To give an example, we had this innovation contest from students from IIT and children from a slum school and public school came. We found that students from the slum school where we had set up the tinkering labs did better at problem solving than students from IIT and public schools. Because, you know, these children are confronted with day-to-day problems like water, sanitation, and waste management.
Silicon Valley is the most innovative place in the world. But it has no challenges. As a country we are also confronted with challenges such as expeditious implementation of projects, raising agriculture productivity, providing better health management, water and waste management. As Indians, we must find solutions to these problems. If we use technologies such as AI and ML to find solutions to the problems of 1.3 billion Indians, we are actually finding a way to help 7.5 billion people of the world who are to move from poverty to the middle class in the next decade and a half. That vast segment is really the market if we can reskill our workforce for AI and cloud computing. India can become the AI garage for rest of the world through frugal engineering solutions.
“India can become the AI garage for rest of the world through frugal engineering solutions.”
Anant Maheshwari: From the ecosystem point of view, where do you see the skilling movement picking up in India? What’s working well and what’s not working well?
Amitabh Kant: Skilling private sector executives in areas such as AI is very important because manufacturing is becoming a digitized process. Manufacturing used to be dirty, dark, and dangerous, on the floor shop. From the consumer to the shop floor, everything is getting manufactured based on digital inputs. And therefore, it is not possible for India to become a manufacturing nation without disrupting the manufacturing process through the adoption of AI and ML.
We used to say that India does not have the size and scale to penetrate. Our labor laws and land laws have held us back. Suddenly, AI has turned this into an advantage. Micro, Small and Medium Enterprises (MSME) use technology to produce global excellence.
The challenge really is that the government, in terms of digitization, has moved progressively forward. The Indian private sector now needs to catch up. The government needs to do is put out large datasets in public domain so that start-ups in the AI domain can leverage the data.
Look at what is happening in healthcare. In India, 6.6 million families are pushed below the poverty line because they cannot afford tertiary healthcare such as cancer care. To prevent this from happening, we require huge amounts of data, biobanks, and drive the movement on health education.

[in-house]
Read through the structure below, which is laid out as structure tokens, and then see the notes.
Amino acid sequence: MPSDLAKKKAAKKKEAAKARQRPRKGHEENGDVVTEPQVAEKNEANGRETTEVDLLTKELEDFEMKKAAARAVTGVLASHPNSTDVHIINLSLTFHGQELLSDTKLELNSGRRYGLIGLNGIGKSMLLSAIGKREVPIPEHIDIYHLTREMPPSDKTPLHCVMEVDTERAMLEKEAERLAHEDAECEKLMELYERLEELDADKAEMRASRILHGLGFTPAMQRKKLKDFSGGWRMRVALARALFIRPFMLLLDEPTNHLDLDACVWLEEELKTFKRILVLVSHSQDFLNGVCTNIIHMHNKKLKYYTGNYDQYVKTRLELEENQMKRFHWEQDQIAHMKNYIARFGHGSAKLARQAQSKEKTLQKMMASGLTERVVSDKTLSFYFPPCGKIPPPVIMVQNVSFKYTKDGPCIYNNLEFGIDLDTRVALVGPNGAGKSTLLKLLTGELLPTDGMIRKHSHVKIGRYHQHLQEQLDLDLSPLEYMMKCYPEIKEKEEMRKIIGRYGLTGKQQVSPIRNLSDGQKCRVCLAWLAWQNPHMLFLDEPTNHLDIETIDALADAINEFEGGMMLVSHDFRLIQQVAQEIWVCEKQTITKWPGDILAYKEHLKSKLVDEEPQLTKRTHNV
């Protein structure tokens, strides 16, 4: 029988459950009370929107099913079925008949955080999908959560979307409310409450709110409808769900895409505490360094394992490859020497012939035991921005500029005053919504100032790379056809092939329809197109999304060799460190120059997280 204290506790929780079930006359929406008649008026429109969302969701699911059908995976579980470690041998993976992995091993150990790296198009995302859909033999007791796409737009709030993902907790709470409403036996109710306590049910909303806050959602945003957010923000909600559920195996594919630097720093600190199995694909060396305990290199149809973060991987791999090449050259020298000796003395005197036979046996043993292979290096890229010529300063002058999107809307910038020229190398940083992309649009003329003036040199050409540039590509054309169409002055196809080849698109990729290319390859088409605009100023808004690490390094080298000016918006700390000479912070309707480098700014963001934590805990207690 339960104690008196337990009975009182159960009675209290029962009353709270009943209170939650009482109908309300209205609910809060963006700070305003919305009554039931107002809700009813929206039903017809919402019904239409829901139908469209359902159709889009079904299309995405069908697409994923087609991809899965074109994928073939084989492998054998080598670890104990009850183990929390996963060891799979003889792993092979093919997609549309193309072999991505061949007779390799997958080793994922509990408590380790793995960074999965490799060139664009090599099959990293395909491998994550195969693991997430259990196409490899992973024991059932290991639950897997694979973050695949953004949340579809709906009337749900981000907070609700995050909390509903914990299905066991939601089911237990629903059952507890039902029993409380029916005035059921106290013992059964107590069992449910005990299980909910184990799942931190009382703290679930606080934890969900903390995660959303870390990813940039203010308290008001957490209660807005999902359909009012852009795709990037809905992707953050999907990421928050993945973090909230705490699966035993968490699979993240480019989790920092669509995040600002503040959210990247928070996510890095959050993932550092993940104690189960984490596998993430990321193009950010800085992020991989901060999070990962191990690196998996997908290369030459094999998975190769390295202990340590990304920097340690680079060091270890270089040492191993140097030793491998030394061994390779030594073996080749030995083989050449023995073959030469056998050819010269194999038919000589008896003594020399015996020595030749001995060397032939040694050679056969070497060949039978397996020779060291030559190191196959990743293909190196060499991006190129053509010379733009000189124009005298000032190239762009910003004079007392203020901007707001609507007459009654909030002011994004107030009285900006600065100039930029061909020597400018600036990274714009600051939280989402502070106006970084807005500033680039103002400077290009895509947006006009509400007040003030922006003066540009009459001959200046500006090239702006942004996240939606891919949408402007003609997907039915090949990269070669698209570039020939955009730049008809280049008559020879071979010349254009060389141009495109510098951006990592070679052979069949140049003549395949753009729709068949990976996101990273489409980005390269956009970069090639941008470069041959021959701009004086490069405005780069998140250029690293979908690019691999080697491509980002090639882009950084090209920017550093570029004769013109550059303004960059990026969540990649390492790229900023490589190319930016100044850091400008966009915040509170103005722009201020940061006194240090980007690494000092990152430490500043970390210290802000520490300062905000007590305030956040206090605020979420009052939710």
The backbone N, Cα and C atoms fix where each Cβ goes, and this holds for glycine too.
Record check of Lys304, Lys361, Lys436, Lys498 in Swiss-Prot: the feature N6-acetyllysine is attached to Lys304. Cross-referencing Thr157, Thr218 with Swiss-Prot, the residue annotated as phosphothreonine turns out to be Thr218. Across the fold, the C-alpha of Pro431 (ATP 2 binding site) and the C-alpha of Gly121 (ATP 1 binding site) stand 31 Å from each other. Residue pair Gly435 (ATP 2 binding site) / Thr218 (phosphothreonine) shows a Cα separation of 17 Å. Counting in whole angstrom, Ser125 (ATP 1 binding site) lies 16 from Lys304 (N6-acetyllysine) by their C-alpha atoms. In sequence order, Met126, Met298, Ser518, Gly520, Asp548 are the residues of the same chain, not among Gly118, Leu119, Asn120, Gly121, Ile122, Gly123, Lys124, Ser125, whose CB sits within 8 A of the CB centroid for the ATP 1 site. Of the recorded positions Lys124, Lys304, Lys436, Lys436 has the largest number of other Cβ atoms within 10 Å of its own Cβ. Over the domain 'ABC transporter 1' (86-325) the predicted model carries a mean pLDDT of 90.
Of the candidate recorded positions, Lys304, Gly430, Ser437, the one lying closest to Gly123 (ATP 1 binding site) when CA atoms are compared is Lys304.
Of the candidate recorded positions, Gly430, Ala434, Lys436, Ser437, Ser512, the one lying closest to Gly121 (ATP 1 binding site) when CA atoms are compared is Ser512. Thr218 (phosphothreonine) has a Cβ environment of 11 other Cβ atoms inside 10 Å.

If we want to bring about a massive revolution in agricultural productivity, we have to leverage precision farming, which is based on data being used and farmers being told what seeds to use, what fertilizers, based on weather and soil conditions on a real-time basis. If we want the agricultural productivity to increase, we need data on the usage of seeds and fertilizers. The next green revolution in India has to be from the use of AI to increase agricultural productivity.
Anant Maheshwari: I’m really inspired by your focus on learning. Are there any summary thoughts you have for the industry, on the ecosystem and for us to move forward?
Amitabh Kant: We’re in the midst of the biggest disruption that is going to take place. AI will be the biggest disruptor in our lifetime. It’s a once-in-a-generation force. The advantage that India has is that we have a vast number of STEM graduates. The second big advantage is that we have already demonstrated our ability to lead through information and technology. And therefore, this is an opportunity to really use AI.
There’s nothing complex about it. It’s about data, it’s about machine learning, it’s about, using data sets, better algorithms, and the computing power to really drive. The Prime Minister is a great believer in using the force of AI. And therefore, the government wants everybody to adapt AI – every government department must disrupt using AI. They must use the data available to them and use the power of many of start-ups.
This is the only way India can become a USD 5 trillion and subsequently a USD 10 trillion economy. This is the only way we can lift people above the poverty line. Use the power of AI to disrupt India in a manner which the world has never seen. This is a rare, once-in-a-lifetime opportunity. Please use this opportunity to take India forward.